As shown in FIGS. 3 and 4, rechargeable nicad batteries 26-30 are connected in series. More particularly, the battery 26 is connected to the battery 27 through a conductive ribbon 32 and the battery 27 is connected to the battery 28 through a conductive ribbon 34. Similarly, the battery 26 is connected to the battery 30 through a conductive ribbon 36 and the battery 30 is connected to the battery 29 through a conductive ribbon 38. In an alternative embodiment, non-rechargeable batteries are used.
An anode (not shown) of the battery 28 and a cathode (not shown) of the battery 29 are connected through wires 40, 42, respectively, to a plug 44 which mates with a socket 46. A pair of wires 50 connects the socket 46 to the circuit board 19, whereby the batteries 26-30 provide a voltage to the circuit board 19. The plug 44 and the socket 46 render unnecessary a making and breaking solder connections when the batteries 26-30 are removed and reinstalled for any purpose.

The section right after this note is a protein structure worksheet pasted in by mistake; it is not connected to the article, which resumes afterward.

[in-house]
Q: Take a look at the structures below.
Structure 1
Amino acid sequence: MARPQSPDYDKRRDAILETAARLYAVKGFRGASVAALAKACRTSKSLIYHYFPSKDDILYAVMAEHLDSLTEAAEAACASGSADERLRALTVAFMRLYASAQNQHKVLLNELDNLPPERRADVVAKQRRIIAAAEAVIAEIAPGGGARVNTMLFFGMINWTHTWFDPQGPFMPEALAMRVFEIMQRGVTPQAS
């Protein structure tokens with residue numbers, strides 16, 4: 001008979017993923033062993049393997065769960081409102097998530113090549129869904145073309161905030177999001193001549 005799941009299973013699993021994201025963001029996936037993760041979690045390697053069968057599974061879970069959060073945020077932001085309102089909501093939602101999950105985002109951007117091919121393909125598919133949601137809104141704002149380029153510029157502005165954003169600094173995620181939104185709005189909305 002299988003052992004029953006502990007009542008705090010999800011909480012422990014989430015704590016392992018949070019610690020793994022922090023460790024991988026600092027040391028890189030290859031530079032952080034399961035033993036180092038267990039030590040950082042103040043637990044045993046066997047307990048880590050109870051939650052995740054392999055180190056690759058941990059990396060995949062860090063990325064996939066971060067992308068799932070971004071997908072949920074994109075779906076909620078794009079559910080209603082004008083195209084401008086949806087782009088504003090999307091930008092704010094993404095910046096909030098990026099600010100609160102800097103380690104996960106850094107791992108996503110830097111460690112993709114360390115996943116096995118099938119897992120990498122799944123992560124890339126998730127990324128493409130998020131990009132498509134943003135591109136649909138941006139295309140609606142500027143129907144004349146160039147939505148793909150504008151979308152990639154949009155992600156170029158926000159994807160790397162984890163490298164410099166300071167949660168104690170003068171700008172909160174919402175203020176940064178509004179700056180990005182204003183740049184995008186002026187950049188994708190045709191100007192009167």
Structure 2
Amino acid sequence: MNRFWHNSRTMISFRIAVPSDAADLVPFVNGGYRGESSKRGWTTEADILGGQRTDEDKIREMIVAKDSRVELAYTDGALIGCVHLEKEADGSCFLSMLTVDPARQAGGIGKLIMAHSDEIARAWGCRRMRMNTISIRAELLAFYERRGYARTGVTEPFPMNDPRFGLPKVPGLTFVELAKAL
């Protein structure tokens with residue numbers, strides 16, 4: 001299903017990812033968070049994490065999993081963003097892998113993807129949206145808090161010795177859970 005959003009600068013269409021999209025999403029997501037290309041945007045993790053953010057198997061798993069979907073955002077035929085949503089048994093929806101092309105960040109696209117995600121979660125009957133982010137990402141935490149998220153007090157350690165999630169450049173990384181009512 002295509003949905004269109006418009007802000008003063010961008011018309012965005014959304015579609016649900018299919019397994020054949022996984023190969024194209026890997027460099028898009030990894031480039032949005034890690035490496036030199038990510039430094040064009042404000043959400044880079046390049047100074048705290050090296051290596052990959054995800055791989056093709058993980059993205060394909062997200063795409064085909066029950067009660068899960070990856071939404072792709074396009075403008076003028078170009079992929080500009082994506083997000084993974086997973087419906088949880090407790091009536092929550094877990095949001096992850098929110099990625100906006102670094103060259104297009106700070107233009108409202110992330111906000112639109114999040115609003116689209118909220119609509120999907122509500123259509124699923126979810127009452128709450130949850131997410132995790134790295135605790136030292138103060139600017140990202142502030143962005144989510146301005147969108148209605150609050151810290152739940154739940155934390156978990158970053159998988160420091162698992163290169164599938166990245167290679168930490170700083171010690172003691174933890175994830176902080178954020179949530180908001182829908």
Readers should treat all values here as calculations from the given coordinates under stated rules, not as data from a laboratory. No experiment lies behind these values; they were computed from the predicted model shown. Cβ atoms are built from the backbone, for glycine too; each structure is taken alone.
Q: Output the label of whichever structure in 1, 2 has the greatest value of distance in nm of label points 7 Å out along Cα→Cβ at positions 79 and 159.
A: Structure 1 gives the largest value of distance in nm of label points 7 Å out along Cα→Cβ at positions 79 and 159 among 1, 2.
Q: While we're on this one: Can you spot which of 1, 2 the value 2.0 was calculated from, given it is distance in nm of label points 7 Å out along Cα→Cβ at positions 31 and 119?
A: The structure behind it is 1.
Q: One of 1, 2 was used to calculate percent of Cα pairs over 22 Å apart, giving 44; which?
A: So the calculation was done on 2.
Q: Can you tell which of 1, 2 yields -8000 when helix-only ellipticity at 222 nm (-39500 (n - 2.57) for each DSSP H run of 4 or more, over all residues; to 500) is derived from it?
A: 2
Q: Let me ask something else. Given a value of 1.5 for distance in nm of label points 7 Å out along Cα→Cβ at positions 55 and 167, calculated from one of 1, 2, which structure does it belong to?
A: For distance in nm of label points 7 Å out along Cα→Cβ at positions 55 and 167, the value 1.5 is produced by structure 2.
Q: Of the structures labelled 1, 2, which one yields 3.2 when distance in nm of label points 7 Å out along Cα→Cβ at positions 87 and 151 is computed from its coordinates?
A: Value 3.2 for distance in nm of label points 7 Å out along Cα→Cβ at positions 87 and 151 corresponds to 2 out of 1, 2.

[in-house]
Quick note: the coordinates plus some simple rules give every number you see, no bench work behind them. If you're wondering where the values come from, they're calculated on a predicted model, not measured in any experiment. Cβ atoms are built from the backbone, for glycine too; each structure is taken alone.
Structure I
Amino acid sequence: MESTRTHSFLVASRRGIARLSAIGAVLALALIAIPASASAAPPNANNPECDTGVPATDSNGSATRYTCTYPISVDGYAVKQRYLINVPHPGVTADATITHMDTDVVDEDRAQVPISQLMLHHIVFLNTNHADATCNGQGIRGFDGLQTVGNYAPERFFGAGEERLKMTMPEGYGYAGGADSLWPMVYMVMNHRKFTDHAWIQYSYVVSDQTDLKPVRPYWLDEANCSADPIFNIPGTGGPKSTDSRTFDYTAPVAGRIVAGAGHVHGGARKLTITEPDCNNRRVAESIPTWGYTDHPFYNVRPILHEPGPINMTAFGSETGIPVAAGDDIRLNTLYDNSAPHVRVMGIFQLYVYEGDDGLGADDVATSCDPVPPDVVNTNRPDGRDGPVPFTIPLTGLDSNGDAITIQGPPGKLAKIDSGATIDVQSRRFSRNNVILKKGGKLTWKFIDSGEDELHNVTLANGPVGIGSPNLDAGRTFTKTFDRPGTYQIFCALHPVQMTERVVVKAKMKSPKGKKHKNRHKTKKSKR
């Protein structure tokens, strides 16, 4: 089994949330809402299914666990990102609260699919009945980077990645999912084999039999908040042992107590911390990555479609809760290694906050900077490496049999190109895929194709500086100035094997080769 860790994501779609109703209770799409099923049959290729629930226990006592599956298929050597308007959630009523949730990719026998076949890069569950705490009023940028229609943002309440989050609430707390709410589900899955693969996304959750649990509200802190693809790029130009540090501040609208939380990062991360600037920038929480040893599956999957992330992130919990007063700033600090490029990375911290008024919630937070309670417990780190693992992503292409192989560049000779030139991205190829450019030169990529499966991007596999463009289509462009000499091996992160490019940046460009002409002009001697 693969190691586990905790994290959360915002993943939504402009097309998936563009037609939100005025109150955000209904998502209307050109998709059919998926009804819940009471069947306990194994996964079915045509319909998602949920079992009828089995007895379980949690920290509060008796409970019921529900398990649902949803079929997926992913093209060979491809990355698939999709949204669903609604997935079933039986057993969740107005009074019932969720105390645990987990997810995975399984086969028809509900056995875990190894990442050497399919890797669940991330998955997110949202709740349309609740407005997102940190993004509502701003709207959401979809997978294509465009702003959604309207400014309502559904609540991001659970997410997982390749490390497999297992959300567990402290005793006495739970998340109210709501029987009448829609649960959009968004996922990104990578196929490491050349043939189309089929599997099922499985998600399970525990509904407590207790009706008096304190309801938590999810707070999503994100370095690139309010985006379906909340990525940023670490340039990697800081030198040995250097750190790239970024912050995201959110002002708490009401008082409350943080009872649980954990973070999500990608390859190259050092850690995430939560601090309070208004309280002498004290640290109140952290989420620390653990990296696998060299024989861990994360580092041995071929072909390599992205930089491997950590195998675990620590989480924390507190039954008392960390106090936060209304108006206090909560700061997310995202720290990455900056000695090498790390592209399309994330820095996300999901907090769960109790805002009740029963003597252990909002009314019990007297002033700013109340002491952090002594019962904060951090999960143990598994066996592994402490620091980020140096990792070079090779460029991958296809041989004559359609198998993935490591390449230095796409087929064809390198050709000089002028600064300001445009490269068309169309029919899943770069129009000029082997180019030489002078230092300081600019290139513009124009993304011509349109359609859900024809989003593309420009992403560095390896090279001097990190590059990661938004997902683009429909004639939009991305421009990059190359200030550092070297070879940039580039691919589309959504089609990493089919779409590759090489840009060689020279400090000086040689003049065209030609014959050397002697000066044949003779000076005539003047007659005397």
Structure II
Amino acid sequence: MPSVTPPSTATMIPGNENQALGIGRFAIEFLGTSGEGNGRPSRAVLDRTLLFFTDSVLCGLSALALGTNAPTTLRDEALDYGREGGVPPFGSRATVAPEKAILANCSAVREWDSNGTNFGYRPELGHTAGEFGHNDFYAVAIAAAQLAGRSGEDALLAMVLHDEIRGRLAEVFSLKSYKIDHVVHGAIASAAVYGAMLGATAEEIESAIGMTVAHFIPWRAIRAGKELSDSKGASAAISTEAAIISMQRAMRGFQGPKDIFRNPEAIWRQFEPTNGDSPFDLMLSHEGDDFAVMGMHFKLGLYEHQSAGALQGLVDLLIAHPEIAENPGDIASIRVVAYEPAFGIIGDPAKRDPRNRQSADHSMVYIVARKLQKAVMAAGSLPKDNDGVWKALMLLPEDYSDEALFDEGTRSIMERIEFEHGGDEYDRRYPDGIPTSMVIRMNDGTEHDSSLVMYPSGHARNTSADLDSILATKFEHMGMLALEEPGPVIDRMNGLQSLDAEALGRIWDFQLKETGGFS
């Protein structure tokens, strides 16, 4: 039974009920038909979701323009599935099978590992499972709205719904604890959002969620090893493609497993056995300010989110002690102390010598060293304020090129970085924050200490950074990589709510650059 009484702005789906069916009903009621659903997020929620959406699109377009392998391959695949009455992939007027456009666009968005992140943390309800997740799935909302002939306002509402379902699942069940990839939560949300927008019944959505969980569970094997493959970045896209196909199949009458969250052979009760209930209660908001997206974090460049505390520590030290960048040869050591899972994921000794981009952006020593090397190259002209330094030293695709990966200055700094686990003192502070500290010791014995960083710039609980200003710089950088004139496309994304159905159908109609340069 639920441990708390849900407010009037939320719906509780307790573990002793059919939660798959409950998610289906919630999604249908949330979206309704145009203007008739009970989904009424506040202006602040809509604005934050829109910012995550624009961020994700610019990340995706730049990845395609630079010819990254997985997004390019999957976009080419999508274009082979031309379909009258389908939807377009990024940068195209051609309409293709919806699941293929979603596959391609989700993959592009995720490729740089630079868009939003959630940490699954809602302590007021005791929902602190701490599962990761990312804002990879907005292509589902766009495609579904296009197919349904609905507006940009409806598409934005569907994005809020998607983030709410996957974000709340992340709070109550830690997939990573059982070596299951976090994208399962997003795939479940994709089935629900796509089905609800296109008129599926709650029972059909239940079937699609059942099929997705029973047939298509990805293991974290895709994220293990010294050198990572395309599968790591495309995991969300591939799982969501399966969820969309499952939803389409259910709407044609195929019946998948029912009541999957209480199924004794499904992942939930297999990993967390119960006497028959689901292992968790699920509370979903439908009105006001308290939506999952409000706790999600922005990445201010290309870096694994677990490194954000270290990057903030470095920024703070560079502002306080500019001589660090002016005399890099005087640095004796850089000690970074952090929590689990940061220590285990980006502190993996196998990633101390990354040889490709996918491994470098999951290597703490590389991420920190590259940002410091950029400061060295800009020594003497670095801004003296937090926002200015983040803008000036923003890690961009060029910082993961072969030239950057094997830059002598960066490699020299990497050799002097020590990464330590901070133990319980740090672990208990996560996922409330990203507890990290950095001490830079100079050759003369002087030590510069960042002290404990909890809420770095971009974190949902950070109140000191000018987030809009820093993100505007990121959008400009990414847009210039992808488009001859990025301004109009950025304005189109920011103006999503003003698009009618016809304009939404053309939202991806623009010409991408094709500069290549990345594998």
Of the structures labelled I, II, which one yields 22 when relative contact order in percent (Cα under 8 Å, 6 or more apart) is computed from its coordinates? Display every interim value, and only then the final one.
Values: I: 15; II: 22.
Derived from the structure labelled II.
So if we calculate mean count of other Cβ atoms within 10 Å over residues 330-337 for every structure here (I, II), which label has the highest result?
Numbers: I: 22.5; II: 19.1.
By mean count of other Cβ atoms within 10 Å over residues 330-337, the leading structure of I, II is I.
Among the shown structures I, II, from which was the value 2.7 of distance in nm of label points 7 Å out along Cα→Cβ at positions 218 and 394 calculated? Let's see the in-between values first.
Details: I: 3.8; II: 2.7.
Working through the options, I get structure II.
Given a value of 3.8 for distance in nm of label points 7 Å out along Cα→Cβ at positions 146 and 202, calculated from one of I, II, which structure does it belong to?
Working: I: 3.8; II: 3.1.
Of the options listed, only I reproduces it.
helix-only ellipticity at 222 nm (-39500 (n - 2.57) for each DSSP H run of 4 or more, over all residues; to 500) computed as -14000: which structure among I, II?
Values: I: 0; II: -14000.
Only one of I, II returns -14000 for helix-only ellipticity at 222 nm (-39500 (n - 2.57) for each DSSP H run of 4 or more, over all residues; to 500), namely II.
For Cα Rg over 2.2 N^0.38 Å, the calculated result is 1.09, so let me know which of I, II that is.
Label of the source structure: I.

The lower housing 12 includes similar posts 54-58 (FIG. 4) that extend perpendicularly from the bottom 18. When the lower housing 12 and the upper housing 14 are connected together, the posts 54-58 wedge the batteries 26-30, respectively, against the side 24. Because the hazard marker 10 has the shape of the disc, a curvature of the side 24 and the posts 54-58 maintain positions of the batteries 26-30 within the lower housing 12.
It should be understood that the batteries 26-30 rest upon the bottom 18. Additionally, a sponge rubber annulus 60 is placed over the batteries 26-30. The circuit board 19 is placed upon the sponge annulus 60. Because of a thickness of the annulus 60, the circuit board 19 is within the upper housing 14.